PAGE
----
Taking stock of the markets – let the numbers do the talking


The Northstar asset allocation framework: each quarter we conduct an analysis on the relative value within each asset class available to us as investors. Asset classes include equities, commodities, property, fixed income (government and corporate credit) and cash and this granular, methodical and numeric exercise purposefully removes human intuition – we let the numbers do the talking. The output is an asset valuation matrix that directs us to the highest potential returning investments whilst accounting for risk taken.

The Northstar buy list

Although our asset allocation work is important, we attach greater credence to our bottom-up, fundamental valuation work which we conduct on each security (share, property, bond etc.) before making an investment. Over the years we have built valuation models on the majority of locally listed companies as well as a significant number of offshore stocks. This library of work provides us with a real-time view of what potential upside returns we think our funds offer.

So what are the numbers telling us about potential returns in South Africa from both a bottom-up and top-down perspective?

The Rand

We appreciate that South Africa faces enormous challenges, many of which can fundamentally adjust the value of domestic assets. The modeling work, which we are demonstrating here, does not attempt to capture unforeseen events, it instead makes use of existing real data.

Based on our purchasing power parity (PPP) model, Figure 3, which we use internally, the rand is undervalued. A conservative value for the ZAR is R12.35 to the US$. Whilst pin-pointing an absolute number with respect to the rand’s real value is a fool’s game, we prefer to use the model as a reference for when the currency is showing extreme behavior – the present is such a time.

Figure 3. Implied PPP versus USD ZAR. Source: Northstar and Bloomberg. September 2019.

South African equities – bottom-up

The chart below tracks the discount to intrinsic value of the companies on our domestic ‘buy list.’ Currently, these shares by our calculation are on average, about 30% undervalued – unfortunately we are unable to say if or when this valuation gap will narrow. Our ‘buy list’ companies are trading as cheaply as they were in late 2018, the last time we communicated to our clients that an opportunity was emerging on the local market.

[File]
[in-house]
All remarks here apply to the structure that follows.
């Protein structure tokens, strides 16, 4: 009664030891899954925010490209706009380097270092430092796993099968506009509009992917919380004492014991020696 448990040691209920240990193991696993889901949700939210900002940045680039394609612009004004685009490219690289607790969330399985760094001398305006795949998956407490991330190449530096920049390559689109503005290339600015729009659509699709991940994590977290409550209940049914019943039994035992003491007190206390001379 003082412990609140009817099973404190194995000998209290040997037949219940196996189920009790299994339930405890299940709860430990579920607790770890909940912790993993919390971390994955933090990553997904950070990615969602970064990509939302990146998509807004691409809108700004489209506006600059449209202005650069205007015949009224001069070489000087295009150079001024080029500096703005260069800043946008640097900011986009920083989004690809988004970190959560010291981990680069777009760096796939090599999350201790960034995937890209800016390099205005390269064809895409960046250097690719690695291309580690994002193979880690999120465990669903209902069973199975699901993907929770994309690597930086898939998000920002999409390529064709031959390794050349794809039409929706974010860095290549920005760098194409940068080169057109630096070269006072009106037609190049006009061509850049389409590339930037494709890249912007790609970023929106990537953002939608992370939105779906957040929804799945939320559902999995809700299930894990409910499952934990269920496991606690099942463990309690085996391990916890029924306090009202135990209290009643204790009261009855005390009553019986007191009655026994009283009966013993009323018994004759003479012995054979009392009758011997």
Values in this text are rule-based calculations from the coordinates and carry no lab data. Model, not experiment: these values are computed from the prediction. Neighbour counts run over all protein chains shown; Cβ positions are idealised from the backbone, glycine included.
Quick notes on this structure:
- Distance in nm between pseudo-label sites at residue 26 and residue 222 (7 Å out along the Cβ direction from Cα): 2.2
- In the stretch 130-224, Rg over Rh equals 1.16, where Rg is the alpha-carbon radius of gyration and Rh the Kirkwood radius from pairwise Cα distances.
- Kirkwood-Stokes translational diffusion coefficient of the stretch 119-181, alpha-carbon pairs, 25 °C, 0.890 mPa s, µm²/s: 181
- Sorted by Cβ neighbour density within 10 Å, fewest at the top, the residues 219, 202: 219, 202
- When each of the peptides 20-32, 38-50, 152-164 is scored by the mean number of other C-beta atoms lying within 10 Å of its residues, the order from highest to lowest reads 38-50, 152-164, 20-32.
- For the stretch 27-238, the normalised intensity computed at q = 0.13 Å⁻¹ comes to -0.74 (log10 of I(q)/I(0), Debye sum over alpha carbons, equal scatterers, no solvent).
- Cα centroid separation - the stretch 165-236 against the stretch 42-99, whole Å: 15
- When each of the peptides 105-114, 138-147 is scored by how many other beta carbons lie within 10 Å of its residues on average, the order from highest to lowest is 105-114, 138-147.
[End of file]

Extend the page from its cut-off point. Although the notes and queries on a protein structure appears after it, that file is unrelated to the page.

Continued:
Figure 4. Upside to intrinsic value of local equity portfolio. Source: Bloomberg, Northstar. September 2019.

South African equities – top-down

Corroborating our bottom-up or fundamental valuation work on local companies is our asset allocation analysis (top-down) quantitative work on equities. In Figure 5 below, our calculation for prospective returns for the JSE Capped Swix index is 15.4% – a rational equity investor should demand a return of approximately inflation plus 7% for equities which we call a hurdle rate. With South African inflation just above 4% at present, the hurdle rate return for equities is 11%. With potential returns from the market significantly higher than that at 15.4%, domestic equities are once again a viable option for our clients.

Figure 5. South African equity expected returns. Source: Northstar. September 2019.

Fixed income assets – cash, bonds and property

We use the same approach for cash, bonds and property.

At current low levels of inflation in South Africa of 4%, the 7% yield offered by banks on deposits, is in our view, a very attractive low risk return that substantially outperforms the hurdle rate on cash, which we regard as inflation.

The hurdle rate returns for bonds (Figure 6, indicated in red) does not need to be as high as equities – bond investors take less risk than equity investors and many bonds are shorter-duration investments, implying lower required returns. Elevated yields (cheap prices) in South Africa are a function of concerns of a credit downgrade as well as the fiscus issuing a disproportionately large amount of paper into the market to fund the budget deficit and parastatal bail-outs. Our work shows that potential returns on bonds, for the most part, currently compensate investors well above the hurdle rate required.

Finally, on property, for the past few years, our analysis has been directing us away from property – potential returns remain significantly lower than what a rational investor should demand from this relatively high risk asset class.

Figure 6. Asset class expected returns. Source: Northstar. September 2019.

The Northstar Sanlam Collective Investments (SCI) Managed Fund

Our ‘house-view’ balanced fund incorporates all this thinking into one product. Asset allocation adjustments within the fund are based on both our buy list expected returns together with our asset allocation framework outlined above. It is the ideal vehicle for clients that do not want to make asset class calls themselves.

Until recently (July 2019), we have been overweight offshore assets and underweight South African risk assets, the likes of property and equities. Against this, we have been overweight bonds, which have performed superbly. During the last quarter, we have however reduced the fund’s total offshore exposure, the reasoning is two-fold, offshore equities are no longer cheap and the rand became undervalued (see above). Simultaneously, the domestic equity weighting of the fund has been increased as South African stocks have begun to offer more value.

Each of these moves is consistent with the framework shown above, an approach we have followed consistently over time and which has been value enhancing to our clients.